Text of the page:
Another great guest blog on humility, written partly in response to this week’s God52 challenge. In this post, theology student Jess Macivor focuses on the connection between humility and contentment.
Humility is something that I thought I had fairly well sussed. For several years now I’ve been immersed in volunteering with my school (now university), church, and local community. I am terrible at accepting praise or compliments. Despite appearing humble by my actions, I found that my attitude often erred.
Several years ago I started volunteering as a steward at Soul Survivor, a well-known Christian youth festival. At times stewarding, (with tasks such as litter picking) can force humility, or at least you’d think so. The festival is run by a large network of wonderful volunteers, but we’re human. As humans, it’s easy to get consumed with position rather than the purpose. When I started stewarding it was all about being servant-hearted and giving glory to God; however, at times I let the affirmation of my peers become more important than my motivation for being there. I let myself become bigger than God.
In 2012 I was faced with a potentially big health scare, which could have made me physically unable to steward in the future. I love volunteering with Soul Survivor, and the thought that I might become unable to was deeply upsetting. Humility requires us to be content where we are, submitting to God’s plan rather than our own… I realised that I wasn’t very content with the idea of waiting on God. As distressing this process was, it re-focused me on God. Working for Him isn’t about what you do but whom you do it for. I found myself being humbled in light of God, who deserves more credit than me… always. God won’t put me in a position where he can’t use me for his glory, but I must remember that the glory is His, not mine. Ultimately it’s not about us at all.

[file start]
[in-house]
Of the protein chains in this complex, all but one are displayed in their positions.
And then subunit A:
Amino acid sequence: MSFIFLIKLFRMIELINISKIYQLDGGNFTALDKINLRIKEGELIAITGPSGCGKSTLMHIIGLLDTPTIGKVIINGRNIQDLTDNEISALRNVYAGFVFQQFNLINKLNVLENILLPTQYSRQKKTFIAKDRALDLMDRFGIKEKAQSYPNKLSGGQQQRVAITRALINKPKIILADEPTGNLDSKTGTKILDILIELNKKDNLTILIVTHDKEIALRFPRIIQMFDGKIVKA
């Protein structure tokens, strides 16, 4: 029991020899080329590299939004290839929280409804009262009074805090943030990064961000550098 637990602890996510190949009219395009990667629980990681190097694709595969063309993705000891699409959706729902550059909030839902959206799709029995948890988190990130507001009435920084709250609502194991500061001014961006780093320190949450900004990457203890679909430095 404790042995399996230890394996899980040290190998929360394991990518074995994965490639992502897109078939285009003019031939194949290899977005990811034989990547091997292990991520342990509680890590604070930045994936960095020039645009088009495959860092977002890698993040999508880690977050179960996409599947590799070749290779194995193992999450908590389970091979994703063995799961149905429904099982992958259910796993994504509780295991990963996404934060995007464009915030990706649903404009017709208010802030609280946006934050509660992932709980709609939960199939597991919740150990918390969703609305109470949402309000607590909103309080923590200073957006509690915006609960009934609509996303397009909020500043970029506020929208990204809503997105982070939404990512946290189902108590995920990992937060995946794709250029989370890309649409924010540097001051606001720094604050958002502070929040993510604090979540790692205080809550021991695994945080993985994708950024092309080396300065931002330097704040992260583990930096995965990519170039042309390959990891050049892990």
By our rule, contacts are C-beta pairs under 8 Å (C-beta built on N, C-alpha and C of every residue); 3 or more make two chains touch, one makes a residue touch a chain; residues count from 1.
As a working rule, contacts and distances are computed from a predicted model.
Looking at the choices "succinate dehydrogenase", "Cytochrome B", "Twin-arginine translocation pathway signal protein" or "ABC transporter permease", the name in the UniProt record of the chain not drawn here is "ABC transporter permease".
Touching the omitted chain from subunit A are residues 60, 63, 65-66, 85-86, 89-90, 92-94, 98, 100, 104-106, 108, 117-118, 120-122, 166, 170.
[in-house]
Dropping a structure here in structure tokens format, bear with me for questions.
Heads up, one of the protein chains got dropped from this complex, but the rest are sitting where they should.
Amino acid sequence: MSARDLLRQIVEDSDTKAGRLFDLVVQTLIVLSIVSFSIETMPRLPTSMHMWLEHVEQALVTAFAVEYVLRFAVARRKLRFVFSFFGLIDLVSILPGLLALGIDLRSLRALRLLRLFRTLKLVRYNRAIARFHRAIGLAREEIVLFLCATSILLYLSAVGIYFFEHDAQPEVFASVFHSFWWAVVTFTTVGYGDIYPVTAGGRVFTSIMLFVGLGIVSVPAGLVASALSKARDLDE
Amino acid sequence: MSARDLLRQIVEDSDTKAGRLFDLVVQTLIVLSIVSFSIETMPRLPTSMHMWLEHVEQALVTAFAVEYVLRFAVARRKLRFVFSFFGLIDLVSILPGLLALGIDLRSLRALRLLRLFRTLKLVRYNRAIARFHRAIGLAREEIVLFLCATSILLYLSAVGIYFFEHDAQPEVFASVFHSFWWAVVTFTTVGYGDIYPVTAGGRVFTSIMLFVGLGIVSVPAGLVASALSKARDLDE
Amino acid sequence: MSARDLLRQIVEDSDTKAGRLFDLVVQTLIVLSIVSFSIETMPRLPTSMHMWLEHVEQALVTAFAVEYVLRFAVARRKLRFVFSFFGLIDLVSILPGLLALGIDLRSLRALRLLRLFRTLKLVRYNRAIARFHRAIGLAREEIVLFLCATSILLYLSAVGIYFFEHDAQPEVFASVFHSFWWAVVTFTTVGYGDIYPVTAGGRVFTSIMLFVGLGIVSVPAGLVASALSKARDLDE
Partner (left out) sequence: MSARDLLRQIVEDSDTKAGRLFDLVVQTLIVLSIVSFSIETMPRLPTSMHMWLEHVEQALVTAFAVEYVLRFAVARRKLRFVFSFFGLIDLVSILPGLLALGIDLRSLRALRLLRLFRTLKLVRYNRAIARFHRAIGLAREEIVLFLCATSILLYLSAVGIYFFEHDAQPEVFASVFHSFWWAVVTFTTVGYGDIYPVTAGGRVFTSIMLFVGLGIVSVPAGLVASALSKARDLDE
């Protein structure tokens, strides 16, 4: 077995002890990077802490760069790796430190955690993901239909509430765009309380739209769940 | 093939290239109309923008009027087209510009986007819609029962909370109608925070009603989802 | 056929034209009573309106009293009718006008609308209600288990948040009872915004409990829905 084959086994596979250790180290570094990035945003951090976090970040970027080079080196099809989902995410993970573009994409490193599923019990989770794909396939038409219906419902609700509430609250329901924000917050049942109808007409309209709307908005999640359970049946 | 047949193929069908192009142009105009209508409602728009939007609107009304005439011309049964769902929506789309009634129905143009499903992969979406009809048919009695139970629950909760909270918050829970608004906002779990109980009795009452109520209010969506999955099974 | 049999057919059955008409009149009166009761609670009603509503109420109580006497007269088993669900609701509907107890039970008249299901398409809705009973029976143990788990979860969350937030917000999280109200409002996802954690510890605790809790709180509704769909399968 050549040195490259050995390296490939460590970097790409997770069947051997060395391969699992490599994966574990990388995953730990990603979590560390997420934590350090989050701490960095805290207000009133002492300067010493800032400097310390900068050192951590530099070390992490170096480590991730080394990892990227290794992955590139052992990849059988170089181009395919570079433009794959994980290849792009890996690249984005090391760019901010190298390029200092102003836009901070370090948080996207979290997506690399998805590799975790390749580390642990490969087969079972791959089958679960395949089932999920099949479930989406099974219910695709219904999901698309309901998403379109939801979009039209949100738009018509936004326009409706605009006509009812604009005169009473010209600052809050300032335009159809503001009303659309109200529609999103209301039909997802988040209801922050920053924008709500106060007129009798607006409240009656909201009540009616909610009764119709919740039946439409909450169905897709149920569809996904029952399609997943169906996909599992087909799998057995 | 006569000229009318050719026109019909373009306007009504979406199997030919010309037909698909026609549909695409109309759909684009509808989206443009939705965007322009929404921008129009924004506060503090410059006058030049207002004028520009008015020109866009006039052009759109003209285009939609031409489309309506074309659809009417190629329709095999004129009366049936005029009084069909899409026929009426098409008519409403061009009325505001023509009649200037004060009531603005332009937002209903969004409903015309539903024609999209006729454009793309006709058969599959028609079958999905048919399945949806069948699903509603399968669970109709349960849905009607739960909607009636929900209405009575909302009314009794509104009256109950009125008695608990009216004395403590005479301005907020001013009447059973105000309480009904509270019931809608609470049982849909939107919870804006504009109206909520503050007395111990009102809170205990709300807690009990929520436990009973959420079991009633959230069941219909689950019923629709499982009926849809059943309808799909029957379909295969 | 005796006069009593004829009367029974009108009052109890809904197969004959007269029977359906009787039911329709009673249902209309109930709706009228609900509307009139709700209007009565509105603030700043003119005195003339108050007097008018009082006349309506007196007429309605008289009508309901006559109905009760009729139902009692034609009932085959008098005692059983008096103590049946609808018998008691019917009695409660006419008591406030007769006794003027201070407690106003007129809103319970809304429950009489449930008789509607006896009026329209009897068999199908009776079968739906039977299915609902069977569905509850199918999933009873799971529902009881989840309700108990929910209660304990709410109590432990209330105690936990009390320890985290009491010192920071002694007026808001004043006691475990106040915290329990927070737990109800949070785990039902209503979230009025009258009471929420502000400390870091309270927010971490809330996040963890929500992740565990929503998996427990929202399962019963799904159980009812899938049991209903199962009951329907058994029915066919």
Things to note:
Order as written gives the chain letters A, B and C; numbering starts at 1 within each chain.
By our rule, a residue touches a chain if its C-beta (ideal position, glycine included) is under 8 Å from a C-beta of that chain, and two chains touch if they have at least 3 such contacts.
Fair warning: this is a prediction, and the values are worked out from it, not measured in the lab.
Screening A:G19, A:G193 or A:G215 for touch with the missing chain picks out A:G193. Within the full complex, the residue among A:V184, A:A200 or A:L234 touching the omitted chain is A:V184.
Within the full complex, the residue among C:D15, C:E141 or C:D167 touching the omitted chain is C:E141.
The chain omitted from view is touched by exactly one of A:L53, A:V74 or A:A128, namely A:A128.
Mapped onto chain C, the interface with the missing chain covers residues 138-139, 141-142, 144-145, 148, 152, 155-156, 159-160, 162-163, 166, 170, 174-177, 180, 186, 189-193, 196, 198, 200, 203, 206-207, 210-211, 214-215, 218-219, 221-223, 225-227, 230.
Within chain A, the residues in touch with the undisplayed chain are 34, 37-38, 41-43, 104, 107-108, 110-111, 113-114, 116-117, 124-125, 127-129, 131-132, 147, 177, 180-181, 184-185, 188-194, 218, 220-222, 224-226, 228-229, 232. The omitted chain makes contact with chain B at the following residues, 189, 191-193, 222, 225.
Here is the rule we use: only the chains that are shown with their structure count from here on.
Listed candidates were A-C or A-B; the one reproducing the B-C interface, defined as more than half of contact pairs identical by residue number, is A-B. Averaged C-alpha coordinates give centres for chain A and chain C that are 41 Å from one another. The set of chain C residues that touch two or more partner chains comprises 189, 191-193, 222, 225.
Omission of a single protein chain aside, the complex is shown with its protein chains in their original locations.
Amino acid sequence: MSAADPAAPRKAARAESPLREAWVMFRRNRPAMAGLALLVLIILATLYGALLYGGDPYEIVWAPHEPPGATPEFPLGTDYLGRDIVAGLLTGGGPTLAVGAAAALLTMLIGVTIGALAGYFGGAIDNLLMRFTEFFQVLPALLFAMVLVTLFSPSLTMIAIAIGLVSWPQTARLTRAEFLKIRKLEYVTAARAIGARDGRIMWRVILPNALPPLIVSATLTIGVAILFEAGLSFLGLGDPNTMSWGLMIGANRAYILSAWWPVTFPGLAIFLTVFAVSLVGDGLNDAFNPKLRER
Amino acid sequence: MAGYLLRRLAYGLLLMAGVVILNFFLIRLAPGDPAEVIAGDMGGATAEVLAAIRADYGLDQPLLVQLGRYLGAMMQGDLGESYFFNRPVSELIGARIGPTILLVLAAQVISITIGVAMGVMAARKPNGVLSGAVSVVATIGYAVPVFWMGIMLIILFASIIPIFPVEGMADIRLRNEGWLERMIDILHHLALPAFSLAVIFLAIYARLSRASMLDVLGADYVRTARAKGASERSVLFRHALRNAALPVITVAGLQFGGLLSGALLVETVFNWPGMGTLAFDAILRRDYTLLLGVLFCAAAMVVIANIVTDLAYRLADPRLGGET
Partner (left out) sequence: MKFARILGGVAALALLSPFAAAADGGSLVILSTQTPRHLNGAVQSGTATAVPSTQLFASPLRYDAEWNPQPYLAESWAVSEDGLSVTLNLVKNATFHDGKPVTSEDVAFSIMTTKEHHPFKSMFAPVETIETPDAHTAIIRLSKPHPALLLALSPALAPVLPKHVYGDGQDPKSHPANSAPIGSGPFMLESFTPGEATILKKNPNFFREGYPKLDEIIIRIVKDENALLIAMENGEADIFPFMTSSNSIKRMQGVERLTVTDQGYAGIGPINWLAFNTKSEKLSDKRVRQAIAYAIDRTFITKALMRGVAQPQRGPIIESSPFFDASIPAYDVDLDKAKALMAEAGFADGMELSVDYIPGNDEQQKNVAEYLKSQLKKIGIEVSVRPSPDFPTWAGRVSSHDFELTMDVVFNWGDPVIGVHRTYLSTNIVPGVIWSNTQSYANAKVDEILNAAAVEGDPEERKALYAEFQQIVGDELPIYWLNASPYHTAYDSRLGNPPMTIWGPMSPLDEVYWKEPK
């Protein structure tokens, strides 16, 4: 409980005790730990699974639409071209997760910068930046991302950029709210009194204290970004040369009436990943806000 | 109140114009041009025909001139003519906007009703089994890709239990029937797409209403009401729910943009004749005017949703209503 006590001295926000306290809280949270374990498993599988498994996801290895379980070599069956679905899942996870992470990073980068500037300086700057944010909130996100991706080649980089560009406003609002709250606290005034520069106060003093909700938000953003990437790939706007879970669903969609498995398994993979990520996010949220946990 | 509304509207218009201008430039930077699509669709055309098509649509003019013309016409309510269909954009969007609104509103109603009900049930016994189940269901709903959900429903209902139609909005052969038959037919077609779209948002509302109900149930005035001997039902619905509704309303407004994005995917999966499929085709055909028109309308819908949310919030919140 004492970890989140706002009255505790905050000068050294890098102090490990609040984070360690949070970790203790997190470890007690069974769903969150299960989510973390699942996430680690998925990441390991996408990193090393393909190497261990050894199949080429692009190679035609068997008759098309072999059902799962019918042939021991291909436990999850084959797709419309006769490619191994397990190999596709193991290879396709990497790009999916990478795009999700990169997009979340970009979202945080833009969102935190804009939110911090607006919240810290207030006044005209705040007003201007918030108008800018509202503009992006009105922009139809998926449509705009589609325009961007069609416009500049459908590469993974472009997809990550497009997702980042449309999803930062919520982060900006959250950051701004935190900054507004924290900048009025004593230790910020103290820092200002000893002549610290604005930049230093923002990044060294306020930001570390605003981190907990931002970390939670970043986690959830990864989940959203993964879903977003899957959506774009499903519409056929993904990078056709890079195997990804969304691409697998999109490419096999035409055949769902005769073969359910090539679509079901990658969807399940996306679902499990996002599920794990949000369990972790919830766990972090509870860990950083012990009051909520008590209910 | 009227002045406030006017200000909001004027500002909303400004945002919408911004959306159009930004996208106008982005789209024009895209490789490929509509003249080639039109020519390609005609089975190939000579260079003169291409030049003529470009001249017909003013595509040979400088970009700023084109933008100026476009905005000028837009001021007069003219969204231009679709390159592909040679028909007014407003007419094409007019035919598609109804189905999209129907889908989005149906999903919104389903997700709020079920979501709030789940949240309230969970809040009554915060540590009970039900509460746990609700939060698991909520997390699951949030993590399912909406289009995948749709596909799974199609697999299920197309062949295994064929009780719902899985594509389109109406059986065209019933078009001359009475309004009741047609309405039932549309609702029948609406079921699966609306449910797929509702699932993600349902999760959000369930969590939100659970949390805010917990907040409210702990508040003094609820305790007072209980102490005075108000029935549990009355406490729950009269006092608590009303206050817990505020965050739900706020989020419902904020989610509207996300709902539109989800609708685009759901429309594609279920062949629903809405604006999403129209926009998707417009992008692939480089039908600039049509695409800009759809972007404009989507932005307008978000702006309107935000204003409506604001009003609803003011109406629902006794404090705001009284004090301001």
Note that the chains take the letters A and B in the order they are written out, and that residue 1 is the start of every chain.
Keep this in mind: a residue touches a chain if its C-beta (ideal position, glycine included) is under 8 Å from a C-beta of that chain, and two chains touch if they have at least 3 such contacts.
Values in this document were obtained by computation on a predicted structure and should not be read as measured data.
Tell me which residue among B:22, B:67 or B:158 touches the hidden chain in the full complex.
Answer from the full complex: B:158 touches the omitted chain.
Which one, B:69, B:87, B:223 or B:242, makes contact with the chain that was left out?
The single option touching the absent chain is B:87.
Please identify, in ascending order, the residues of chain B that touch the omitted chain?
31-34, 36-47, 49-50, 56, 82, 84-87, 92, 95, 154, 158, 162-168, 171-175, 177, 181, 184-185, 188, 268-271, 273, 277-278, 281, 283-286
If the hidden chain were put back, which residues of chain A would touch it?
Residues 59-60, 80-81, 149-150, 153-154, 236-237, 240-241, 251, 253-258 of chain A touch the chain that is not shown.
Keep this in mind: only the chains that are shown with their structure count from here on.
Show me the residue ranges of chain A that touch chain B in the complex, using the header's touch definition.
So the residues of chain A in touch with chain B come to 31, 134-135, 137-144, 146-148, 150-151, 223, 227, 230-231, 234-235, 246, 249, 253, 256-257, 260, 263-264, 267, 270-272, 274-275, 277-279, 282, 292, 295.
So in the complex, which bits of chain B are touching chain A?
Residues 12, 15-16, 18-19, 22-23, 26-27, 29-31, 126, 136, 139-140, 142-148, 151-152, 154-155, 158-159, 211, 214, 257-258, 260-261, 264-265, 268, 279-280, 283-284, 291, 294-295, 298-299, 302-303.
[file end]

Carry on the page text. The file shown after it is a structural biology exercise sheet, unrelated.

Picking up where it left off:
Humility is more than just counter-cultural actions; it’s also about counter-cultural attitudes. With this week’s challenge in mind I would ask that you let it be about God; let it be about humbling yourself as Jesus humbled himself; and if any credit is to be given, make sure it goes to God.